LANGLEY — We’ve had a night to sleep on it, and as the countdown continues to a 3:30 p.m. tip-off to four tiers of exciting Elite 8 quarterfinal action today at the B.C. senior boys basketball championships, it’s time to re-live some of the best of Wednesday’s massive opening-round of 32 sudden-elimination games across all tiers at the Langley Events Centre.
But first, thank you Varsity Letters’ readers for your incredible level of readership and interest on Wednesday.
Our five-year-old site didn’t crash, but it got a workout beyond expectations.
The efforts of our team of writers — Dan Kinvig, Steve Frost and Gary Ahuja — as well as our team of photographers — Blair Shier, Wilson Wong, Garrett James, Kinvig and Ahuja — allowed us our most complete wrap on the opening ever, and our numbers showed it!
As a prelude to today’s championship round, we look back on yesterday with our Top 4 games across all four tiers:
1 PRINCESS MARGARET 63 G.W. GRAHAM 60
It was big play followed by big play, all compressed into the dying moments of the fourth quarter as Surrey’s Lions came away victorious while making its first B.C. tournament appearance in 45 years (1977) under a head coach in his first year leading a team at the senior varsity level.
The Lions built an 11-point lead heading down the stretch drive, yet GW Graham’s Bardia Shokouhi had a steal and lay-up to make it 61-60 with only 48 seconds left.
Jal Gatluk’s massive put-back off a missed free-throw with 12 seconds remaining resulted in the final margin of victory for a school so new to the proceedings that Lions actually asked if its starters were going to be introduced over the public address system prior to the game.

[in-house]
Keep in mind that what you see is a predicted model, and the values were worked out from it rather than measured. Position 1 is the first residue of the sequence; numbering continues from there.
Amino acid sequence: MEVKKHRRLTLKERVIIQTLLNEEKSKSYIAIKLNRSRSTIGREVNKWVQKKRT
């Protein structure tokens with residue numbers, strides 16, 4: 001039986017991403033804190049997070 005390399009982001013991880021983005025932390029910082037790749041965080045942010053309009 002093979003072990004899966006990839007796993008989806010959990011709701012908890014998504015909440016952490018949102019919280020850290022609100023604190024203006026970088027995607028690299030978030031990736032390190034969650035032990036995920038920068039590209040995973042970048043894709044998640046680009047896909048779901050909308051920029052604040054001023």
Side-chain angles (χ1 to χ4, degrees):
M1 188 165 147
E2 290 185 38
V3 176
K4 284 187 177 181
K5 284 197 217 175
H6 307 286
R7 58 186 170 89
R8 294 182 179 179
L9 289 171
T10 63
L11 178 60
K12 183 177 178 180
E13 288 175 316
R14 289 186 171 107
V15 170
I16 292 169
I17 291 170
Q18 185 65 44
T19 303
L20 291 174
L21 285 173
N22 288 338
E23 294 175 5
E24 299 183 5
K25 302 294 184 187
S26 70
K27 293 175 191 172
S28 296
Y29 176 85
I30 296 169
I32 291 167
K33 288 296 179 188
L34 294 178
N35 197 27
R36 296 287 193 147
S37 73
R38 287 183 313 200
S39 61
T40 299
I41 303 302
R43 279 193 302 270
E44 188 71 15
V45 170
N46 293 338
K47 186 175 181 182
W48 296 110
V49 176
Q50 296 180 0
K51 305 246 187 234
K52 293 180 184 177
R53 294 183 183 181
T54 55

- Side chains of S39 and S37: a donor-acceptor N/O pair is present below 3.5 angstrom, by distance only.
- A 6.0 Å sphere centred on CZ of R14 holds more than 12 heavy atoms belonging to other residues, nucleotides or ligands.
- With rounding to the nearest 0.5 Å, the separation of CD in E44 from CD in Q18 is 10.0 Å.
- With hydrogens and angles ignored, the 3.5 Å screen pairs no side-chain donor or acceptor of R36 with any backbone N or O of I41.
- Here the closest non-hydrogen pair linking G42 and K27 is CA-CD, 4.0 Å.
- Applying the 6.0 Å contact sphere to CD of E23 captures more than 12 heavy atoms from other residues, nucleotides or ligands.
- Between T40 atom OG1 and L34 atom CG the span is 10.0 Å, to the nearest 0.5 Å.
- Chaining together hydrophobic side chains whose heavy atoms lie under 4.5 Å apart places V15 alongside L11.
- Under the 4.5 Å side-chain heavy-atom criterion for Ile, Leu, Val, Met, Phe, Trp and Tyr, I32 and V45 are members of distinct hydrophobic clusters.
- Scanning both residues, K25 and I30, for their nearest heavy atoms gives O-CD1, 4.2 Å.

Wrote our Dan Kinvig of the Lions’ dream-like ending: “The Grizzlies had a pair of looks to send it to OT, but Shokouhi’s three-point attempt rimmed out. After a jump ball gave Graham the ball back with 1.1 seconds left, (Braeden) Macdonald’s triple try from the top of the arc was blocked by PM’s Abdullah Ahmad to set off the celebration.”
Said Princess Margaret head coach Karmin Dhaliwal: “I was happy for the kids to get to experience something like this, with fans being allowed back in the building,” Princess Margaret head coach Karmin Dhaliwal enthused afterward. “This will be a memory that will last for the rest of their lives.”
2 A.R. MACNEILL 90 SIR CHARLES TUPPER 83 (OT)
Grade 11’s Josh Mayan of MacNeill and Finlay Chow-White of the Tigers turned Centre Court into the OK Corral, taking clutch to its most descriptive best over the fourth quarter.
After No. 4 MacNeill built a 77-74 lead, Tupper’s Chow-White attempted to tie the game from beyond the arc with an attempted trey, but with the game in the dying seconds, he was fouled by the Ravens’ Everett Swaim.
Chow-White, for the second time in the game, stepped up to the free throw line and cooly hit all three attempts, this time to tie the game 77-77.
Wrote Kinvig: “The Ravens still had time, and (Marco) Esteban drove to the rim, where his shot was swatted away by Hill with 0.4 seconds left. Hill’s swat was clean, but he was whistled for a foul on the body, sending Esteban to the line, but both his free throw attempts rimmed out, setting the stage for OT.”